Over the years, I worked very hard to accept negative situations as they present themselves. If I’m uncomfortable or if I don’t agree with something, I force myself to walk away. It isn’t that I’m afraid or I shy away from negative encounters. It’s that I find showdowns a waste of my time and energy.
In past, whenever I engaged, I always won. Afterward, I never felt elated with my victory, instead, I experienced guilt for smacking another human being. As if there was no decorum of living. Like animals in the wilderness, fighting for no coherent reason.
Nowadays, I’ve developed a system. When I’m faced with negative situations, first, I try to walk away, not say anything and let it fizzle in the universe. But there’re times when I know walking away will not diffuse the situation. Then I take the second step: I write a carefully worded email detailing the issue. I share my feelings and point-of-view. The important thing is, I never read the reply. Because if I do, I know I’ll want to engage. I find this frees me. This way I say whatever I need to without engaging.
Unfortunately, last Monday, for the first time since February 2009, I lost it and engaged in a confrontation. I spend the last week analyzing the circumstances and myself. It was impossible to avoid it. And I didn’t feel guilty afterward.
It started innocently. A few months ago, a member of my writing club announced that he and his friend were planning to start a critique group. I belong to few writing groups, but I’m always looking for more, so I signed up. There is no harm in exploring. Right? It took few emails to finalize the time and location. Even though I committed, I was extremely apprehensive. I didn’t actually know these people; I was to meet them at one of their homes. I don’t like going to strangers’ houses, especially when it is dark outside.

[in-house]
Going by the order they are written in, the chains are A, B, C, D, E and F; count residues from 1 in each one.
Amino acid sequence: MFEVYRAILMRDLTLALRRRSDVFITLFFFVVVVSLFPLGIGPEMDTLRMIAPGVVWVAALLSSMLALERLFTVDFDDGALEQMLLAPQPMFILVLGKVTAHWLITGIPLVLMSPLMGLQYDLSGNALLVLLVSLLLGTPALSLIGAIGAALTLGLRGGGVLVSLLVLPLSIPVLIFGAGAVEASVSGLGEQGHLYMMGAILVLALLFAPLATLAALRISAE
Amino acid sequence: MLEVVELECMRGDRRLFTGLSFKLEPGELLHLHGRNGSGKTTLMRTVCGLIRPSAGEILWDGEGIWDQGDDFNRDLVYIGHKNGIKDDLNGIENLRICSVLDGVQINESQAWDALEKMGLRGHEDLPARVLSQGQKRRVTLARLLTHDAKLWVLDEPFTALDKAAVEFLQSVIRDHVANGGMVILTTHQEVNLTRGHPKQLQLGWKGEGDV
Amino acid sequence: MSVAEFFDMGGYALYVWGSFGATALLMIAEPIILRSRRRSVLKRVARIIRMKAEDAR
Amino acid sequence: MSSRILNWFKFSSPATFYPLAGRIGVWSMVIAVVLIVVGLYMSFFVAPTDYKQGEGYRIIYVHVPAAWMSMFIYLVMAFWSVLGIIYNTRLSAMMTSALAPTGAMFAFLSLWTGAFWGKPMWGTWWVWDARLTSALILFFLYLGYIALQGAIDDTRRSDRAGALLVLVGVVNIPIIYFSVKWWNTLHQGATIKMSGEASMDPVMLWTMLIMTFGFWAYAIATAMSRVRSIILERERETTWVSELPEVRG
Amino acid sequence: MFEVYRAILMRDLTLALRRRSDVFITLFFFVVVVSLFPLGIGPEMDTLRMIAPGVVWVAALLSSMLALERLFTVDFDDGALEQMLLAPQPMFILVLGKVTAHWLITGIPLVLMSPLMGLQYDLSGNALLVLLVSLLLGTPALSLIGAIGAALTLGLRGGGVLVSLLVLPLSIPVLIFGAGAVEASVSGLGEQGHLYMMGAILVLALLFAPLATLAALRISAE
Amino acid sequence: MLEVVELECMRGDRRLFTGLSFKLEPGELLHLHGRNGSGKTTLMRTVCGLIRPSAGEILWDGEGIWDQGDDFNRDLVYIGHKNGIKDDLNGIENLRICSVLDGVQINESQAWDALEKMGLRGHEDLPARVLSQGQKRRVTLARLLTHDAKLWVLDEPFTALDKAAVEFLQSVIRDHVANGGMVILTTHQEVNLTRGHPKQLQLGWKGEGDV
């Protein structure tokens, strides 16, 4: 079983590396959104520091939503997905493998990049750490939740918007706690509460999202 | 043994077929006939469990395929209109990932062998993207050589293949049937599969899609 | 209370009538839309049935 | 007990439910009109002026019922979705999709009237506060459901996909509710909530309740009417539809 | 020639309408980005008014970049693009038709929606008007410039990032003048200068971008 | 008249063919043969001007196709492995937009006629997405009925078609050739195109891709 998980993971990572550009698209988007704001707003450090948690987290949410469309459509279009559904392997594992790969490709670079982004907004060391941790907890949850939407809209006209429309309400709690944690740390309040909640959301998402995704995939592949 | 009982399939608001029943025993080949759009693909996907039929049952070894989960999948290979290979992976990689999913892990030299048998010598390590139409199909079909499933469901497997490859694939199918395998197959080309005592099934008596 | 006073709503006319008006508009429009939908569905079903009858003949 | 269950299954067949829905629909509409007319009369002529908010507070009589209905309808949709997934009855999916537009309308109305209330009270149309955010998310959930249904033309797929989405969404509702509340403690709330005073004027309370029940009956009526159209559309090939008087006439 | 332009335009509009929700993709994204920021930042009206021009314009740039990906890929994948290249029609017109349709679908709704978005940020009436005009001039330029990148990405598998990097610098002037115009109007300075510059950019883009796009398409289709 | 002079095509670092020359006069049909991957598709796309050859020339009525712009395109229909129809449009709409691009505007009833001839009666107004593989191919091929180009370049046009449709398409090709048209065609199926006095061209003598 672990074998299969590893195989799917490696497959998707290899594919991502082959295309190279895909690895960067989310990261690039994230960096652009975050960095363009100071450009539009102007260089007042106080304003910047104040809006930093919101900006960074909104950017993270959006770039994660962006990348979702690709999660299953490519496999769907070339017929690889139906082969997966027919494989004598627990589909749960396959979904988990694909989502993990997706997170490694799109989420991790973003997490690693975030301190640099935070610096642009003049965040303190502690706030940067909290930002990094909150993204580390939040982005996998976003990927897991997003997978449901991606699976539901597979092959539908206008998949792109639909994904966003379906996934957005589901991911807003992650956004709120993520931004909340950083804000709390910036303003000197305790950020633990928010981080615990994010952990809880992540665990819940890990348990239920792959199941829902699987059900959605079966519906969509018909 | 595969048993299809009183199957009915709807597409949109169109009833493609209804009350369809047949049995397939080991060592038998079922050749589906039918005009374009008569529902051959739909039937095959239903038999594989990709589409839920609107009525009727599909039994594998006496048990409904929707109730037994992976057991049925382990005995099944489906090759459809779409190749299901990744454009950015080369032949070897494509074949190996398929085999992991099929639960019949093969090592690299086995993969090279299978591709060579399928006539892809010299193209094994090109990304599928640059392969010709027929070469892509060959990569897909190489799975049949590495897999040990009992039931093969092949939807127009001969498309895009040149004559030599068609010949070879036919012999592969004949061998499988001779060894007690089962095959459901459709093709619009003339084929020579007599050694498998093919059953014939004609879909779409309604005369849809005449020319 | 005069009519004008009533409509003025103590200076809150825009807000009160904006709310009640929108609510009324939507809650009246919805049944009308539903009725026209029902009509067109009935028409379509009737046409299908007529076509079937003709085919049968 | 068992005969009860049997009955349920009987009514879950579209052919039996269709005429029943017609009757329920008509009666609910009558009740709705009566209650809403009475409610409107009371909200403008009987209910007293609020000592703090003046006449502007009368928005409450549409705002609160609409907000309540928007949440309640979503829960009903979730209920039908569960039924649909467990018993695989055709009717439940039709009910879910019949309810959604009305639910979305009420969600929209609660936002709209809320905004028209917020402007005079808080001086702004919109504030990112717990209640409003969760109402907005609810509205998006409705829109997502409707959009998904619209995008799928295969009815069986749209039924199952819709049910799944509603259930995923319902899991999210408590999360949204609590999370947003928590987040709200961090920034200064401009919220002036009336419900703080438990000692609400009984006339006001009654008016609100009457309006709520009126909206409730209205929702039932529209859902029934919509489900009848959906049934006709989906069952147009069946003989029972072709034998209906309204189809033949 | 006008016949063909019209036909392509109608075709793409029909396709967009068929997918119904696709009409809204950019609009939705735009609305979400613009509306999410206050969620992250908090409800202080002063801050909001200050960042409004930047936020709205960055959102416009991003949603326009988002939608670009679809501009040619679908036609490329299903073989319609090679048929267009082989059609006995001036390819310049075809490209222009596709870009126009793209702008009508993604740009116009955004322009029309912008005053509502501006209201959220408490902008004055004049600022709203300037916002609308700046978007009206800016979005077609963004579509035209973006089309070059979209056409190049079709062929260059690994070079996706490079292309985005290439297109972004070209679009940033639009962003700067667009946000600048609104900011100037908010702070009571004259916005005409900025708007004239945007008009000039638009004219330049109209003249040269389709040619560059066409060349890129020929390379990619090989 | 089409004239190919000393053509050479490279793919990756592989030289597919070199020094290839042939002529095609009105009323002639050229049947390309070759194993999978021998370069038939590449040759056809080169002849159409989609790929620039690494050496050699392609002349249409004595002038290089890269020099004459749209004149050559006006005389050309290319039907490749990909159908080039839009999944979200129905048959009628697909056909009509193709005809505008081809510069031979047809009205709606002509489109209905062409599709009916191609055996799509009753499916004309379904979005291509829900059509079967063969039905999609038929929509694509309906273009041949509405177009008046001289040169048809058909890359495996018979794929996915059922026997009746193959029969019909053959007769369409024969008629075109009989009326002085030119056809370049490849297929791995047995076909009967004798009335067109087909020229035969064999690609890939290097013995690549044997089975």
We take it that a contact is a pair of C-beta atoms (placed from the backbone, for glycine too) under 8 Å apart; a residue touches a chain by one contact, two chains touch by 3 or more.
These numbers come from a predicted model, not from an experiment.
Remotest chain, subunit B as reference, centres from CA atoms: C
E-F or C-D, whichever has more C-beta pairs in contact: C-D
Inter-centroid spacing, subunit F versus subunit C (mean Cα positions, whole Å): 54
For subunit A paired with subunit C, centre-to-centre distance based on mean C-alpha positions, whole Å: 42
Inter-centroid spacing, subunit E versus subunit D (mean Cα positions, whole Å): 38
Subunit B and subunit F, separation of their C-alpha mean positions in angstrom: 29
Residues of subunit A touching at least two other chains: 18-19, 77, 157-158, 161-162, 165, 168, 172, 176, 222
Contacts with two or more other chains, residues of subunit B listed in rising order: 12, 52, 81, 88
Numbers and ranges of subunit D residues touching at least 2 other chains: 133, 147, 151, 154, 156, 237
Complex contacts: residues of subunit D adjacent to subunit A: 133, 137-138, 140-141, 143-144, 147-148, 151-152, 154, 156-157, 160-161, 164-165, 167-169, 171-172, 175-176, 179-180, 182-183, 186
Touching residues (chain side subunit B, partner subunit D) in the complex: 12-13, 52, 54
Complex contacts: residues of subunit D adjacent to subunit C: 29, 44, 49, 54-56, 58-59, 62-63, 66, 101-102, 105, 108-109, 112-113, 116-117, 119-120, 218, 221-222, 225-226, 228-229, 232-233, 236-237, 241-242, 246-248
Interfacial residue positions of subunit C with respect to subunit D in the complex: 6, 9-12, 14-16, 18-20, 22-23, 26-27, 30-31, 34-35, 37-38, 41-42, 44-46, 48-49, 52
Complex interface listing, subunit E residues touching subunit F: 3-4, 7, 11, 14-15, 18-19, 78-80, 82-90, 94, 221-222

We were five: three of whom I’ve never met before. And Cherry (name changed), who belonged to my writing club. I’d spoken to her twice, only in the passing. Like others, she was an unknown entity.
Once I met them, I felt silly for worrying. They were writers of different genres and experiences. It was an easy interaction. There was comradery, laugh, a positive feeling, and a good feedback. I didn’t feel unsafe; I liked the group. After a month, I met them again. This time, we were four: all women. Before leaving, I suggested another date and time.
As I drove home, I realized that I’ve committed to the wrong date. Immediately, I send a group email announcing my unavailability and suggesting an alternative date. After a couple of emails, a new date was decided. And Cherry was the primary person replying to these emails.
I marked the new date in my calendar and continued with my life.
One late evening, while I was at a concert, during the intermission, I saw a missed call and a text message from an unknown number. The message didn’t address me by name. When inquired, the unknown number replied, “your writing group,” and didn’t identify themselves.
Of course, right now, it is so obvious that it was someone from the new writing group because I presented the story that way.
At the time I got the message, I marked it as a spam or wrong number. I get gazillion text messages with vague content. Some asking for an unknown person, or setting time to meet for coffee/ drinks, or demanding personal information. I’ve learned not to engage.
One thing is for sure, whenever anyone new has sent me a text message, in their first text, they always address me by my name and always sign off with their name. I follow the same procedure. Doesn’t everyone? Otherwise, how are we to identify each other?